To read the lawsuit Liberty University brought against Jerry Falwell Jr., you might get the impression that the evangelical Christian school’s board fell prey to a master manipulator whose veneer of piety obscured a vulgar reality.
Specifically, the complaint chronicles Liberty’s roots in the Moral Majority, founded by Falwell’s televangelist father, highlights the strict code governing student conduct and underscores the responsibility of all members of the community to hold others to account. The suit then runs down the many ways in which Falwell spurned the school’s founding fundamentalist spirit and purported mission.
The filing recounts Falwell’s questionable dealings with Giancarlo Granda, the pool attendant Falwell and his wife met in Miami; it accuses Falwell of a lavish lifestyle of clubbing and alleged excessive alcohol consumption; it details his sordid social media activity. All in all, the suit tells the story of a man who flouted the rules and of a board lied to and defied, hoodwinked by some seasoned subversive.
Requesting upwards of $41 million in compensatory and punitive damages, Liberty has charged Falwell with breaching his contract and his fiduciary duties and with conspiring to secure an unjustly advantageous contract that would shield him from the consequences of his transgressions.
Clutching their pearls, the board claims that Falwell’s pattern of behavior “induced injury to Liberty’s enrollment, impacted its donor base, disrupted its faculty … and damaged Liberty’s reputation.” In this telling, the board is portraying itself as the aggrieved victim of Falwell’s machinations.
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As charming as this narrative is, it is far from honest. Don’t get me wrong. Falwell was a lamentable train wreck as president. Working for him the past decade took a toll on my soul. His behavior and character were steadfastly at odds with the stated mission of the school he was tasked with leading.
Falwell’s social media history alone demonstrates he was anything but the “spiritual exemplar” the board supposedly expected. In fact, Falwell explicitly disavowed that role in an infamous set of tweets in June 2019. “I have never been a minister. UVA-trained lawyer and commercial real estate developer for 20 yrs,” Falwell wrote, shifting responsibility for Liberty’s spiritual health to the school’s faculty, students and campus pastor. “While I am proud to be a conservative Christian, my job is to keep LU successful academically, financially and in athletics.”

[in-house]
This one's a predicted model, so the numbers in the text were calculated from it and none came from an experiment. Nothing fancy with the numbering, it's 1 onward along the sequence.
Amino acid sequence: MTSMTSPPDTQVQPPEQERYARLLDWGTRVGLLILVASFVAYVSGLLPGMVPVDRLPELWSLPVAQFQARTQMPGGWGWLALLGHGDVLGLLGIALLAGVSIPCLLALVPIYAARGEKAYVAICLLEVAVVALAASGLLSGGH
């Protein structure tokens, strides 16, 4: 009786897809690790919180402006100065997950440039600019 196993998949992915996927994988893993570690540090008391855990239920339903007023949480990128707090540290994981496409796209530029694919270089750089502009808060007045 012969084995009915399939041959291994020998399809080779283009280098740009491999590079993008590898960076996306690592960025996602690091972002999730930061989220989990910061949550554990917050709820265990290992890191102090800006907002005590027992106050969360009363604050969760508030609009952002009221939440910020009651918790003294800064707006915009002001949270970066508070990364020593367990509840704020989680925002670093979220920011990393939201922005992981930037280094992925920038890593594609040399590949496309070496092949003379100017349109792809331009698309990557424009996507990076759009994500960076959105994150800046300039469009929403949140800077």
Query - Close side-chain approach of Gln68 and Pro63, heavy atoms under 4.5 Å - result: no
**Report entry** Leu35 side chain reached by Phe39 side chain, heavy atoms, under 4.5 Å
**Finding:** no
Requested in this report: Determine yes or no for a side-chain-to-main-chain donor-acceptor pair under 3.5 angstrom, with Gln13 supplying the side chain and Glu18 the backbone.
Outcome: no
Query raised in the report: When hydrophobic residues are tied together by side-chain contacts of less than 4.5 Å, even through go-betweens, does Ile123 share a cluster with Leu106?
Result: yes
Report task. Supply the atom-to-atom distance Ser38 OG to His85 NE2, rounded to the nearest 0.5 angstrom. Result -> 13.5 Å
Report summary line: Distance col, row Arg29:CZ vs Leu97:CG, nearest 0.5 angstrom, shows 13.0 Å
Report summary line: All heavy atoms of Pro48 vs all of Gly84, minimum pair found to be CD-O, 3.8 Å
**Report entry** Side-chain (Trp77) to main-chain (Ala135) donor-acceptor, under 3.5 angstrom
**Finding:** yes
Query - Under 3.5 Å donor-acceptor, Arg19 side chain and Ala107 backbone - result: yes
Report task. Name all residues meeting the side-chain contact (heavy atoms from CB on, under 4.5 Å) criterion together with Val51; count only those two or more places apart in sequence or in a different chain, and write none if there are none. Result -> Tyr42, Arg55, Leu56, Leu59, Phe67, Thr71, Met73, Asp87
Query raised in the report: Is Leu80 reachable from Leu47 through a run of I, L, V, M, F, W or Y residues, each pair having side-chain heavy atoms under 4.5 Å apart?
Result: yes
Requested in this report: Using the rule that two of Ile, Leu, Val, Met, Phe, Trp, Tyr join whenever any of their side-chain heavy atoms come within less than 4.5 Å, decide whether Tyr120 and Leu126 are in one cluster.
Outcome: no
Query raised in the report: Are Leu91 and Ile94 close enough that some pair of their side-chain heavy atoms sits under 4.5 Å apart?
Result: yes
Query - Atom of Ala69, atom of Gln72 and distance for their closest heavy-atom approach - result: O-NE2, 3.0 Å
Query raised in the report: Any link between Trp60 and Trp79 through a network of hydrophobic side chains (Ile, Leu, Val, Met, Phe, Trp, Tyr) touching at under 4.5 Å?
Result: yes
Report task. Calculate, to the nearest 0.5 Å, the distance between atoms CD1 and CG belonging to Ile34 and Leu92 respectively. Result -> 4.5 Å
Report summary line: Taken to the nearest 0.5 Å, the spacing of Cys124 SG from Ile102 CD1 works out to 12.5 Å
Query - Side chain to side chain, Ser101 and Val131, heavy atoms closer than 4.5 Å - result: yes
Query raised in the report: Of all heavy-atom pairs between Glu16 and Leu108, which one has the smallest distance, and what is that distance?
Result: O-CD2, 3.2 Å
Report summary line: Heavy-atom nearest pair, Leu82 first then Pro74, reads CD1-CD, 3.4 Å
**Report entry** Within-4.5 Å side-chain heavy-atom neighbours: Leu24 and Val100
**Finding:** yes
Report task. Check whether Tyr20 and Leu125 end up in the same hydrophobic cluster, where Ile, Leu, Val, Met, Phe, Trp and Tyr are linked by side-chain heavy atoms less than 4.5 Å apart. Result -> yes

You’re putting your ignorance on display. I have never been a minister. UVA-trained lawyer and commercial real estate developer for 20 yrs. Univ president for last 12 years-student body tripled to 100000+/endowment from 0 to $2 billion and $1.6B new construction in those 12 years
— Jerry Falwell (@JerryFalwellJr) June 4, 2019
Earlier that year, he bragged in a university-wide convocation that when he got bored he liked to start Twitter fights (such as those he picked with politicians and Christian ministers, even faculty and Liberty parents).
For the school’s leaders to suddenly claim to be shocked at Falwell’s disdainful actions is culpably obtuse at best, willfully dishonest at worst. They were well aware that Falwell pushed out one of their own, Mark DeMoss, in 2016 for having the audacity and temerity to express an opinion at variance with Falwell.
For the school’s leaders to suddenly claim to be shocked at Falwell’s disdainful actions is culpably obtuse at best, willfully dishonest at worst.
They can’t pretend to have missed his remarks about Muslim terrorists, his belligerent political activism stamped with Liberty’s imprimatur, his censorship of the student paper, the Cinema Arts program’s support of a propagandistic film or his racially insensitive attack on the Virginia governor.
If “mockery and consternation in the media” were a genuine concern, why did the board say nothing about the school’s bad press through the years for students’ outsized reliance on federal student loans, for a culture of fear on campus, for callously cutting crucial programs and loyal faculty that weren’t making money fast enough for the university?